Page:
Työ sujuvaksi! was a finnish ESF project by TSL in cooperation with trade unions, work organisations and business managers, supervisors and employees’ representatives. The project for instance used web-based material and tried different assistive technologies to help the employees perform their tasks more proficiently. One sample is to make learning the tasks easier by creating interactive images, videos and 360° media with ThingLink.
Read the full article at the EPALE website. Do you want to know more about the project and its results? Contact the TSL project coordinator Mervi Ylitalo.
As the working life changes the need to match the competences of employees with criteria for specific jobs also increases. Enabling lifelong learning is a must and a current icelandic pilot project focuses on validation of skills against specific job criteria. The Icelandic Confederation of Labour (ASÍ), through its educational department, are members of ABF Norden and they are also one of the partners in the project.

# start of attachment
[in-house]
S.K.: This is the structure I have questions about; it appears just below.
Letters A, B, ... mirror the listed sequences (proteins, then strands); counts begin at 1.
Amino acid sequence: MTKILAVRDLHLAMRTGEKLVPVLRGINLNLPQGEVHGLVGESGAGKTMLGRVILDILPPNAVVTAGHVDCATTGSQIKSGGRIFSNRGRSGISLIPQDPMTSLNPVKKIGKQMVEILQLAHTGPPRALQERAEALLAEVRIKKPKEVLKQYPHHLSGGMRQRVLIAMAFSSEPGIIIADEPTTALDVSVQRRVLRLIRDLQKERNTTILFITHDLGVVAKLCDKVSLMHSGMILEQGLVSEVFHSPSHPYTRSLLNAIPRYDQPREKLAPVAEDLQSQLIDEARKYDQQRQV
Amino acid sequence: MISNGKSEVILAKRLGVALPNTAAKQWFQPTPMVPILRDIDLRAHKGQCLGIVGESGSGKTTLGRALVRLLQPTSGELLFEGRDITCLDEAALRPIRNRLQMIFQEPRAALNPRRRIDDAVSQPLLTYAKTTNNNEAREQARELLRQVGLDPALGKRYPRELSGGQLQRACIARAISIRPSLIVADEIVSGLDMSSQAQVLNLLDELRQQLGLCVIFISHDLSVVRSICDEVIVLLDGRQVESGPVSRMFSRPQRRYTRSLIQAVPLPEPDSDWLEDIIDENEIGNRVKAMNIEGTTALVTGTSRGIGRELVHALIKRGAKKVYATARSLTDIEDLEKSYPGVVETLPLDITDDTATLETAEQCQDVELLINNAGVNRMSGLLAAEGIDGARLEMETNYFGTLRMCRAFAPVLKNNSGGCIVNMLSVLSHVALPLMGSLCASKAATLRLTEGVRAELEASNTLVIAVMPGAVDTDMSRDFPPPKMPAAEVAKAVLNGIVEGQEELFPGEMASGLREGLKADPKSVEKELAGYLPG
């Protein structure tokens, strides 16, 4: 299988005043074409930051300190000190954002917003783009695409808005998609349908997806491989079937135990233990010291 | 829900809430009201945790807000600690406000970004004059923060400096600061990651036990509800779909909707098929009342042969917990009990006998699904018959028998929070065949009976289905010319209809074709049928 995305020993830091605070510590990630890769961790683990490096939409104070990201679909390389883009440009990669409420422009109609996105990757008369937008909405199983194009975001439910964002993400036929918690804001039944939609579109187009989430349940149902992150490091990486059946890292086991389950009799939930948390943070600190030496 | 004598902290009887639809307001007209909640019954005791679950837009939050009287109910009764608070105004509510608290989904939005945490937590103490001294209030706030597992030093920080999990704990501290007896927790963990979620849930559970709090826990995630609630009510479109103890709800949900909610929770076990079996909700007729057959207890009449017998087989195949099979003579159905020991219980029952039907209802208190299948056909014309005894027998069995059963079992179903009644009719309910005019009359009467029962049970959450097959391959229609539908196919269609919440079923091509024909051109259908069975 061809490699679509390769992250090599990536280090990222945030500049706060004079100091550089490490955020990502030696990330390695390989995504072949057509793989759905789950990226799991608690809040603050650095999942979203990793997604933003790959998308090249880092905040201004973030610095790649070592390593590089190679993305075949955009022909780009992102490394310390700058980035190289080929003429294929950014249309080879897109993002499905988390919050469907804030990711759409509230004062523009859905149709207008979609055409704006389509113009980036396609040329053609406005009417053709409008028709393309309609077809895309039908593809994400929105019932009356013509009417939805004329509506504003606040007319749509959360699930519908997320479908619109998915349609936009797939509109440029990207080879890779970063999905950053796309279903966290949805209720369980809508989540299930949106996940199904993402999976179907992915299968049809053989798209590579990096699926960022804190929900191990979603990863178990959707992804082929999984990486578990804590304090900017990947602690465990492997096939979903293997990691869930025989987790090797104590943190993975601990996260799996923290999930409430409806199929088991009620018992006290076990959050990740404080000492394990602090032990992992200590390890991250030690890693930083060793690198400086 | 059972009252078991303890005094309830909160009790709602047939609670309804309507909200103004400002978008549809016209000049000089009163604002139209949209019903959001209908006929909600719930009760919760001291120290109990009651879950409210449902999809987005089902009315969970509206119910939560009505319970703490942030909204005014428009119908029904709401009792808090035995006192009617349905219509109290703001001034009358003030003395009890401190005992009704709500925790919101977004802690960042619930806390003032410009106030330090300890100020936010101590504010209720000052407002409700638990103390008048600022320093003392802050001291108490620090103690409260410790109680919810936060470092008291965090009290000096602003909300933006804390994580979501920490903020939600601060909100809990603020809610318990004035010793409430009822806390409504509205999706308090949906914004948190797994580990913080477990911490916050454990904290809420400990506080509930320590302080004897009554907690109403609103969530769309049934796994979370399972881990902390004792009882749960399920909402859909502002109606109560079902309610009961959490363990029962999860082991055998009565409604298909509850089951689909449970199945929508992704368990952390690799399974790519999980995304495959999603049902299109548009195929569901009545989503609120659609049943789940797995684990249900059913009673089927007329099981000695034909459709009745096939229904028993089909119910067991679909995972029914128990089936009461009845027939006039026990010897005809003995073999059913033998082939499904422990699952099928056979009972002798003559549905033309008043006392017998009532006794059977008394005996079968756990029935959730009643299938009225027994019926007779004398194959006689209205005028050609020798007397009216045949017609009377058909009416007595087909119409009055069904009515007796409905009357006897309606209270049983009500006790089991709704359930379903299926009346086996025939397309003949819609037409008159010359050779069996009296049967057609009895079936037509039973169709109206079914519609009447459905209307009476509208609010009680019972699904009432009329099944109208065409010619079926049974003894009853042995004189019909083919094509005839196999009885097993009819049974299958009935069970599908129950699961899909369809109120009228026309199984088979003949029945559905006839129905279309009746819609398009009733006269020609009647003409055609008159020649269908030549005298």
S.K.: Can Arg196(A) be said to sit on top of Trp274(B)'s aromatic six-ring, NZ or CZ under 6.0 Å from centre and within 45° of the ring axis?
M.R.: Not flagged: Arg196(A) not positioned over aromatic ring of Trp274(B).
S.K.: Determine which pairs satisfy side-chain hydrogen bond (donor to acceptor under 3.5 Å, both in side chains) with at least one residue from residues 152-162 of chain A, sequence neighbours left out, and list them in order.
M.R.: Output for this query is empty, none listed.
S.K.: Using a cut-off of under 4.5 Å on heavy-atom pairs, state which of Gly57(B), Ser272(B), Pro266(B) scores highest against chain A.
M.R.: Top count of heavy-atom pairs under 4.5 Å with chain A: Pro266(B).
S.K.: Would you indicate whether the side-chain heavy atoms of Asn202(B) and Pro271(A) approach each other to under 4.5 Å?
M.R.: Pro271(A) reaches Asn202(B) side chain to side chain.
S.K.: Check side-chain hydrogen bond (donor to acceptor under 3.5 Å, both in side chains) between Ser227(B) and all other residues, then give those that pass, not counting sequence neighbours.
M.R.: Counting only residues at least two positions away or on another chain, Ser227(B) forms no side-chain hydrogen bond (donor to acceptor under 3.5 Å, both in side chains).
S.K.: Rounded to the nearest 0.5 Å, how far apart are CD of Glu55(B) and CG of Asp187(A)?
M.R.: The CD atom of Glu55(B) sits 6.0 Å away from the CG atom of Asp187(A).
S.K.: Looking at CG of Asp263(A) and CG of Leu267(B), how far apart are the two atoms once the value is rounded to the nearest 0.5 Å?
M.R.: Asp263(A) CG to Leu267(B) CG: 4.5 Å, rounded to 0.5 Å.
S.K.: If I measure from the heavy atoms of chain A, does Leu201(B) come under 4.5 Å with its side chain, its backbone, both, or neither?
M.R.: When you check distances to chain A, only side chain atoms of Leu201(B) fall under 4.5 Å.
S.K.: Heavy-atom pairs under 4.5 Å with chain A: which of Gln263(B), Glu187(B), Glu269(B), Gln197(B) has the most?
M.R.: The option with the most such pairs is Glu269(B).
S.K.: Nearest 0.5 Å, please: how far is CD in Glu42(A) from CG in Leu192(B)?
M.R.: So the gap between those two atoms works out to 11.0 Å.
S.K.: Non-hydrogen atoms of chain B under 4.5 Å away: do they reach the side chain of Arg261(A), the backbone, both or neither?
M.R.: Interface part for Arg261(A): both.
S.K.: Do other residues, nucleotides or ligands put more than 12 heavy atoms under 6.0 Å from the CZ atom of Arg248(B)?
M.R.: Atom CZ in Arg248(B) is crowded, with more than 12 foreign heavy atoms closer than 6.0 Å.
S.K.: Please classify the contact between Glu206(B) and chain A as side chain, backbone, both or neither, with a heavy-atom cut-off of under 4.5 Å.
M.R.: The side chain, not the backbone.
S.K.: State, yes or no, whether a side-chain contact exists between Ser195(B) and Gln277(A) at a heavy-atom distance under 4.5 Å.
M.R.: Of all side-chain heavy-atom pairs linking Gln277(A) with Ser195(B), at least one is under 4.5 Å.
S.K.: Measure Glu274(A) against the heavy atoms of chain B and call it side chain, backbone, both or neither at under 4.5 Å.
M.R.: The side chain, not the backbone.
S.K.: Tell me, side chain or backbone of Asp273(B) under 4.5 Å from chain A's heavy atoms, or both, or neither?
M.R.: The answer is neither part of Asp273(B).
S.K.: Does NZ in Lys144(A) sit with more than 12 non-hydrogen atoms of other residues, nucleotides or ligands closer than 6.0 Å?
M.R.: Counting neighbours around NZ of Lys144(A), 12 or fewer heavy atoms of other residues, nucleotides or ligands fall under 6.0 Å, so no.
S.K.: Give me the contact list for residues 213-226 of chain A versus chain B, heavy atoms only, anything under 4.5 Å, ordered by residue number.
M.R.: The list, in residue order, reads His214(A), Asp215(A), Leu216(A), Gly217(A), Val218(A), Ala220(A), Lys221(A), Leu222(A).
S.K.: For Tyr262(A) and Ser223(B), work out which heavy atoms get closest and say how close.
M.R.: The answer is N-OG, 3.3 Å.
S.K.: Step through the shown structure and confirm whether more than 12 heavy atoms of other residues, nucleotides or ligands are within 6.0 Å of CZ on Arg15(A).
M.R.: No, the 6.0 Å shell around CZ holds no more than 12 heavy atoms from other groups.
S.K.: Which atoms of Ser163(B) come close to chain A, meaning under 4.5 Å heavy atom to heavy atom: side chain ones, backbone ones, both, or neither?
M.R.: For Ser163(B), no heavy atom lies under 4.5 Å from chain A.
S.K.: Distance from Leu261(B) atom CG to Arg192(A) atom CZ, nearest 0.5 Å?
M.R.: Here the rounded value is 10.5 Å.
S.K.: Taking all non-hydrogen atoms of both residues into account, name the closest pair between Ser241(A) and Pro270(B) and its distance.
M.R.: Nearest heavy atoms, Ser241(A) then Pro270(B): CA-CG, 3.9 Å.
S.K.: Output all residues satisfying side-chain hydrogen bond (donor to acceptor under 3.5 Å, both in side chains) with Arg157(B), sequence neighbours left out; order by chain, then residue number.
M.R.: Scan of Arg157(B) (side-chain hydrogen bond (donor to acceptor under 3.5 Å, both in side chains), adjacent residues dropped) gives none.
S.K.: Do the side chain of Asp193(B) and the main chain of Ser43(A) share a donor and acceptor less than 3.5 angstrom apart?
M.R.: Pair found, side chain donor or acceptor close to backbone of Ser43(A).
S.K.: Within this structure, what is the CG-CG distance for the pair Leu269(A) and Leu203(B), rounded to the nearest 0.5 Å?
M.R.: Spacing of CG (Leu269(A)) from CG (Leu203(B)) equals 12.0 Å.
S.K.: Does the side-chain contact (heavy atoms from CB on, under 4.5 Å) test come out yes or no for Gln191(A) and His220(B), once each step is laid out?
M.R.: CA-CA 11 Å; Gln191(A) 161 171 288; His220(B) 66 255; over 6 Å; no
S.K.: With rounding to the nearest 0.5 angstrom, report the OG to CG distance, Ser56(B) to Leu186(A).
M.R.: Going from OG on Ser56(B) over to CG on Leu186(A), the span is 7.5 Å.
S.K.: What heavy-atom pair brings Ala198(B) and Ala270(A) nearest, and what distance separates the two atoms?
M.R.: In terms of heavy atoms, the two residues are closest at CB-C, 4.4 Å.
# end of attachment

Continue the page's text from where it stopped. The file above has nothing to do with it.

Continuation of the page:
The project aims at developing methods and tools for validation in working life through field trials in five jobs in close cooperation with stakeholders. The purpose of the validation process is to make competences visible, recognized and certified. On-the-job training, following the results of validation, will be a part of the system.
The assessment criteria used in the validation process will be based on competency analysis of jobs and the implementation of the process will be based on the needs of individuals and companies.
The project aims at being beneficiary to both employees and employers;
Visibility of knowledge and competences
Visibility of areas for improvement
Increased opportunities for job development
Recognized competences can be taken into account when wages are decided
Competence utalization is optimized, leading to increased competetiveness
Increased focus on competence development
Clearer competence requirements for job development and recruitment
Respect for the company/industry
The results of the project will be used to build a foundation for a sustainable system of validation in working life.
Fræðslumiðstöð atvinnulífsins (FA) (e.The Education and Training Service Centre (ETSC)) is owned by the Icelandic Confederation of Labour (ASÍ), the Confederation of Icelandic Employers (SA), the Federation of State and Municipal Employees (BSRB), the Ministry of Finance and the Association of Local Authorities in Iceland. In connection with the collective agreement between ASI and SA in 2002, the Icelandic government issued a statement of intent which led to the establishment of FA. Operation began in 2003.